Prices experience plateau in housing market

Though data might suggest New York City rental prices to continuously rise, according to CurbedNY, they have recently leveled-off.

Douglas Elliman Real Estate compared rental prices from February 2015 to February 2016 finding rental price in Manhattan to be $4,093 in Feb. 2015, $4,073 in Jan. 2016, and $4,032 in Feb. 2016. These figures suggest a potential plateaued trend in rental prices. Apartment listings that have been up longer suggest less demand, which leads to landlords being more willing to negotiate with tenants. A Citi Habitats Manhattan rental market report demonstrates that a quarter of transactions reflected landlord negotiations.

Prices are slightly up in Brooklyn and Queens.

New zoning policies will increase affordable housing

Though the markets have (at least) briefly plateaued, current rental prices are higher than they had been, and are unaffordable for many New Yorkers. Manhattan average rental prices are $4,000, and Brooklyn and Qheaderueens, $3,000.

Throughout his term, NYC Mayor Bill de Blasio has developed a plan to increase affordable housing. City Council reviewed the plan earlier this March. According to The New York Times, the Council will likely pass de Blasio’s proposal.

After hearing opposition to de Blasio’s plan, more requirements were put in place, expanding affordability to those earning 40 percent of the NYC area median income.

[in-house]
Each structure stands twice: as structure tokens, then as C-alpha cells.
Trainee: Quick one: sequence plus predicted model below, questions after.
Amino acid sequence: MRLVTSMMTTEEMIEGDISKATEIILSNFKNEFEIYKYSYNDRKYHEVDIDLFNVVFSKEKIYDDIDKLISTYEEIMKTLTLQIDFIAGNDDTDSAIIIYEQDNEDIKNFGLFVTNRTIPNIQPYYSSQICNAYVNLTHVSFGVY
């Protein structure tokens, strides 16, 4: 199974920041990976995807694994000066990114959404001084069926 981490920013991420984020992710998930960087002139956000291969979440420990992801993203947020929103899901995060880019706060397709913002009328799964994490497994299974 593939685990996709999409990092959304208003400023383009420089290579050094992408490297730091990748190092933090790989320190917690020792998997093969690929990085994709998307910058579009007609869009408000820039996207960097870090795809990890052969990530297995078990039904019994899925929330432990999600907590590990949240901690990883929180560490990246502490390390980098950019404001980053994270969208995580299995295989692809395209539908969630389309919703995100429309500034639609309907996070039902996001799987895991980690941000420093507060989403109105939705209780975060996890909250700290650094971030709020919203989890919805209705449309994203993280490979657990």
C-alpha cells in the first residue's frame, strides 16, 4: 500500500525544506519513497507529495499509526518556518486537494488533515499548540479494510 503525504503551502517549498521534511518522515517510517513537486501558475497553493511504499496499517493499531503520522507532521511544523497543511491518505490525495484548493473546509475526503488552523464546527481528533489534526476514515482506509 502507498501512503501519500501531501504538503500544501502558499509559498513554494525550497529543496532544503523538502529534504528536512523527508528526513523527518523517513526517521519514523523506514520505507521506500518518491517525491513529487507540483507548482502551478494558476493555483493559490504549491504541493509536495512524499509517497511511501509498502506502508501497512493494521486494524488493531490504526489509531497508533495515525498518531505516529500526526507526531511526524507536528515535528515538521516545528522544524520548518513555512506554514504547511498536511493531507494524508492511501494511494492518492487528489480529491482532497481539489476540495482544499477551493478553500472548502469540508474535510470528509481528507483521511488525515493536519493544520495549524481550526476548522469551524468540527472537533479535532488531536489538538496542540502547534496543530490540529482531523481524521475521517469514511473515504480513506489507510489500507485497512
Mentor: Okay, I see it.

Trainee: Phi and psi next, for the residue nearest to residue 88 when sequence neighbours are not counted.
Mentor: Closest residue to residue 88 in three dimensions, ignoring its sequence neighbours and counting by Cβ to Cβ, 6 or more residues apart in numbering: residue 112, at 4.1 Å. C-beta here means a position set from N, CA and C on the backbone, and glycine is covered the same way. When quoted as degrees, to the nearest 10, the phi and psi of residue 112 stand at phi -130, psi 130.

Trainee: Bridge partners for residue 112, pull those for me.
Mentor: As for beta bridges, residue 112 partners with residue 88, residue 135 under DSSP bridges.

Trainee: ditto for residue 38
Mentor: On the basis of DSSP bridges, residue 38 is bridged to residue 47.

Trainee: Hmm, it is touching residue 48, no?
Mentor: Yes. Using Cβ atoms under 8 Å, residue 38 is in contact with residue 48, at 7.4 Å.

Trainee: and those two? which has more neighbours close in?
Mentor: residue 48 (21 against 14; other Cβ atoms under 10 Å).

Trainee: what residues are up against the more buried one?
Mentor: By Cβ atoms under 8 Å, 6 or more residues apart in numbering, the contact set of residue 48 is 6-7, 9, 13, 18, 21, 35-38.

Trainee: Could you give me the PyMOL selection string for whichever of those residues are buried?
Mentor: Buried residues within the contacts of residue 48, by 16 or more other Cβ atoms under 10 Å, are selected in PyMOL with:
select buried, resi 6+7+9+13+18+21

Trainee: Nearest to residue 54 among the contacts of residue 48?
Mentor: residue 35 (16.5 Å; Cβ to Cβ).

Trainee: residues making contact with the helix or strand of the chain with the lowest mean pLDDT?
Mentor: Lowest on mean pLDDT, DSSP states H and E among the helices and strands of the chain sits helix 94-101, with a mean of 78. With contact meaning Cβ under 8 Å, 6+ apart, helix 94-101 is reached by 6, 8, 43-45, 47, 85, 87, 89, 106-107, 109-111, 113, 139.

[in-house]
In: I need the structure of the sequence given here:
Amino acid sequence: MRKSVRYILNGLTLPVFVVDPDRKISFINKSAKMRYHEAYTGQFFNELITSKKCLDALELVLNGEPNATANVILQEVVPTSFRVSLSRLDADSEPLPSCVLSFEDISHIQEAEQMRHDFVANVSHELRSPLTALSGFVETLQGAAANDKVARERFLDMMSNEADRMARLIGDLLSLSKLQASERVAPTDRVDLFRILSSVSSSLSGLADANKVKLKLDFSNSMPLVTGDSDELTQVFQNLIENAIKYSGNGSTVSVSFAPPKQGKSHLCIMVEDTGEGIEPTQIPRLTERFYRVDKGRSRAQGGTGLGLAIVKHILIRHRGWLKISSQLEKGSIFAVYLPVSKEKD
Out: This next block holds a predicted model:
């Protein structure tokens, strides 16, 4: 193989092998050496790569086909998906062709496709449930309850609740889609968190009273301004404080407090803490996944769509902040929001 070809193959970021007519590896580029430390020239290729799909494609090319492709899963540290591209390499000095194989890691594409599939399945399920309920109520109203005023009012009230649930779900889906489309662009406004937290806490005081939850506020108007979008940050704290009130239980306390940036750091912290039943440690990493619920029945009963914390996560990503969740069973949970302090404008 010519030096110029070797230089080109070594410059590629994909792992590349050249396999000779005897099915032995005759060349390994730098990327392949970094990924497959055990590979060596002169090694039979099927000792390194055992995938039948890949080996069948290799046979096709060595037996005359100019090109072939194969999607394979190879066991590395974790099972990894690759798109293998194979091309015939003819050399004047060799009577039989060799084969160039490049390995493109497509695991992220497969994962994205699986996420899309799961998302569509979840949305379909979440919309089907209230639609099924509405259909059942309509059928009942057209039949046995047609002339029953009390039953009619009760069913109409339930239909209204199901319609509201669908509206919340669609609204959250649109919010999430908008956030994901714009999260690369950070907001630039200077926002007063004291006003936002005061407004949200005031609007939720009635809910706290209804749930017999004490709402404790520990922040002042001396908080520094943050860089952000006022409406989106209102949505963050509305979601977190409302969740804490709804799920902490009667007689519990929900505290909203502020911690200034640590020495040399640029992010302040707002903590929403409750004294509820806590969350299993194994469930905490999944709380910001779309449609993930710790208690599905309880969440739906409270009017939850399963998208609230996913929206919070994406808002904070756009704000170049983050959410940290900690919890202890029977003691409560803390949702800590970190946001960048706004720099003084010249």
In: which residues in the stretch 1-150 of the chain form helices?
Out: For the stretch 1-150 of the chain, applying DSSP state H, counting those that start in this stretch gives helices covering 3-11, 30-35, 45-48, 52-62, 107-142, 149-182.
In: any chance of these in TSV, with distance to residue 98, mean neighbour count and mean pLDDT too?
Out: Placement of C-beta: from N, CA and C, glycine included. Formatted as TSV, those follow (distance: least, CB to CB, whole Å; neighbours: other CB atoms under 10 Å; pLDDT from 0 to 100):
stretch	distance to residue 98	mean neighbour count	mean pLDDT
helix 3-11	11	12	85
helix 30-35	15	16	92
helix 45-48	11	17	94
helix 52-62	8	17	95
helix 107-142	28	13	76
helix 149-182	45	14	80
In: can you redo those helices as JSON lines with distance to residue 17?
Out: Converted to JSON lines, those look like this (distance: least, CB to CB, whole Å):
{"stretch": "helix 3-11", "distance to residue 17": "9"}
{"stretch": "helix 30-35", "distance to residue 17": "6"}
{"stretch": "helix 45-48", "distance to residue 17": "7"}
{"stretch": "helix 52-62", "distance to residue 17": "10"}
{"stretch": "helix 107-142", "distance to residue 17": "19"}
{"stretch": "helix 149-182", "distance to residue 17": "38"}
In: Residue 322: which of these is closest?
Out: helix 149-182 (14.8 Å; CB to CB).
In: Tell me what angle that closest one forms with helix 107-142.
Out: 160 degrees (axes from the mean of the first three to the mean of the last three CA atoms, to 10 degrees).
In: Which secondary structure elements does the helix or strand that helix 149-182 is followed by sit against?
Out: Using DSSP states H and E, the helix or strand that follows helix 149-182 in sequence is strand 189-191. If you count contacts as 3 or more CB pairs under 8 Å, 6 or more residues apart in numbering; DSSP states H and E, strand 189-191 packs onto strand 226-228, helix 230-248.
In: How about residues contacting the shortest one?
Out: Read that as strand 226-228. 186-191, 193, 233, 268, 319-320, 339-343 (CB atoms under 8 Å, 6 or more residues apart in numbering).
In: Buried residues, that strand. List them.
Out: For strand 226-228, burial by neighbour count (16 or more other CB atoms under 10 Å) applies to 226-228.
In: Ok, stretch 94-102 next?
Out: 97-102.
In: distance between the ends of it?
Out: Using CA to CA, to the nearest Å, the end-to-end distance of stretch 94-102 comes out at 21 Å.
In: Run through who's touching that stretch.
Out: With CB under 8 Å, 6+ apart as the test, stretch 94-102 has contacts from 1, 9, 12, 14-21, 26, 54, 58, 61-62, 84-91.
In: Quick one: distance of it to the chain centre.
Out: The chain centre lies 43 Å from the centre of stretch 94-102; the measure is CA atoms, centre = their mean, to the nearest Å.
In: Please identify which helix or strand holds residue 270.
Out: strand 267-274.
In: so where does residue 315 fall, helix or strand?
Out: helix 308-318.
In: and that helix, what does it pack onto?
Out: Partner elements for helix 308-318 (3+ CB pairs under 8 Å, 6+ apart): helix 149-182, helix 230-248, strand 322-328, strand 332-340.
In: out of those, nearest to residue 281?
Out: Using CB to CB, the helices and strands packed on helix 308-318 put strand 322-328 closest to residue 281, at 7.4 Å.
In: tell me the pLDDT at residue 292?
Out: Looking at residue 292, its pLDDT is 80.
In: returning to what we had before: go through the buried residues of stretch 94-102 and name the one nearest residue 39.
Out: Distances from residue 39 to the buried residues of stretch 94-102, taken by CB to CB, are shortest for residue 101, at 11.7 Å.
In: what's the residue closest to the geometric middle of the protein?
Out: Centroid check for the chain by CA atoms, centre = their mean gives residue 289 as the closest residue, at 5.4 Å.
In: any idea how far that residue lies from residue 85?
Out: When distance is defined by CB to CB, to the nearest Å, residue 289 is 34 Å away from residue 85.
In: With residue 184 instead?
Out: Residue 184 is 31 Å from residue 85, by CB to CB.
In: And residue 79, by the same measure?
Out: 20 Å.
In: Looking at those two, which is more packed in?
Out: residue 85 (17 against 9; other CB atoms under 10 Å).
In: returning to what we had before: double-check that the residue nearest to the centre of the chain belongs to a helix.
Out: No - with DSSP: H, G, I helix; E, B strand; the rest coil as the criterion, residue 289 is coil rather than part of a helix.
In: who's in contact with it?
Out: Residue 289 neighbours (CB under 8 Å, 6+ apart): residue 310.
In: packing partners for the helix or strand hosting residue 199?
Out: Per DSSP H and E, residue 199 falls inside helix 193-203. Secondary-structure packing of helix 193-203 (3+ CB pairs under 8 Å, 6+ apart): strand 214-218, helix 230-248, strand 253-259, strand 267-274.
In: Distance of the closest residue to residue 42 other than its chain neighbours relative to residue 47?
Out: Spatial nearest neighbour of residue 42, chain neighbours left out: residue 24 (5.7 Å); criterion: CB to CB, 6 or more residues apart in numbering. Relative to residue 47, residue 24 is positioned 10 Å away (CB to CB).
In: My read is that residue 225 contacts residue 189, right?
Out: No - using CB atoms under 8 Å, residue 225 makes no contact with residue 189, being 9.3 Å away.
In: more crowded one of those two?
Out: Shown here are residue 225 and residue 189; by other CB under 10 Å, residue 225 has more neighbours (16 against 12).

The plan includes a couple proposal including Mandatory Inclusionary Housing (MIH) and Zoning for Quality and Affordability (ZQA). MIH requires new developments in rezoned areas to include “below-market-rate” units. Between 20 and 30 percent of all new units will have to fall into this category.

According to DNAInfo, ZQA allows upward building expansion for affordable and senior housing. Initial focus areas include East New York, East Harlem, Long Island City, Jerome Avenue corridor, Flushing West, and Bay Street corridor in Staten Island.

DNAInfo also explores how the plan will affect Greenwich Village and SoHo. Contextual areas, ones with historic character, with lower and narrower buildings will rise five feet. Taller and wider buildings will rise up to 15 feet. In non-contextual districts that have higher density, buildings can rise up to 25 feet. For senior and affordable housing, buildings can be built 20 to 40 feet higher.

Because SoHo is largely zoned as a manufacturing district, ZQA will not affect it so much, but it is subject to MIH restrictions. Developers that cannot include affordable housing in their buildings must donate to a “neighborhood development fund” for affordable housing elsewhere in the district.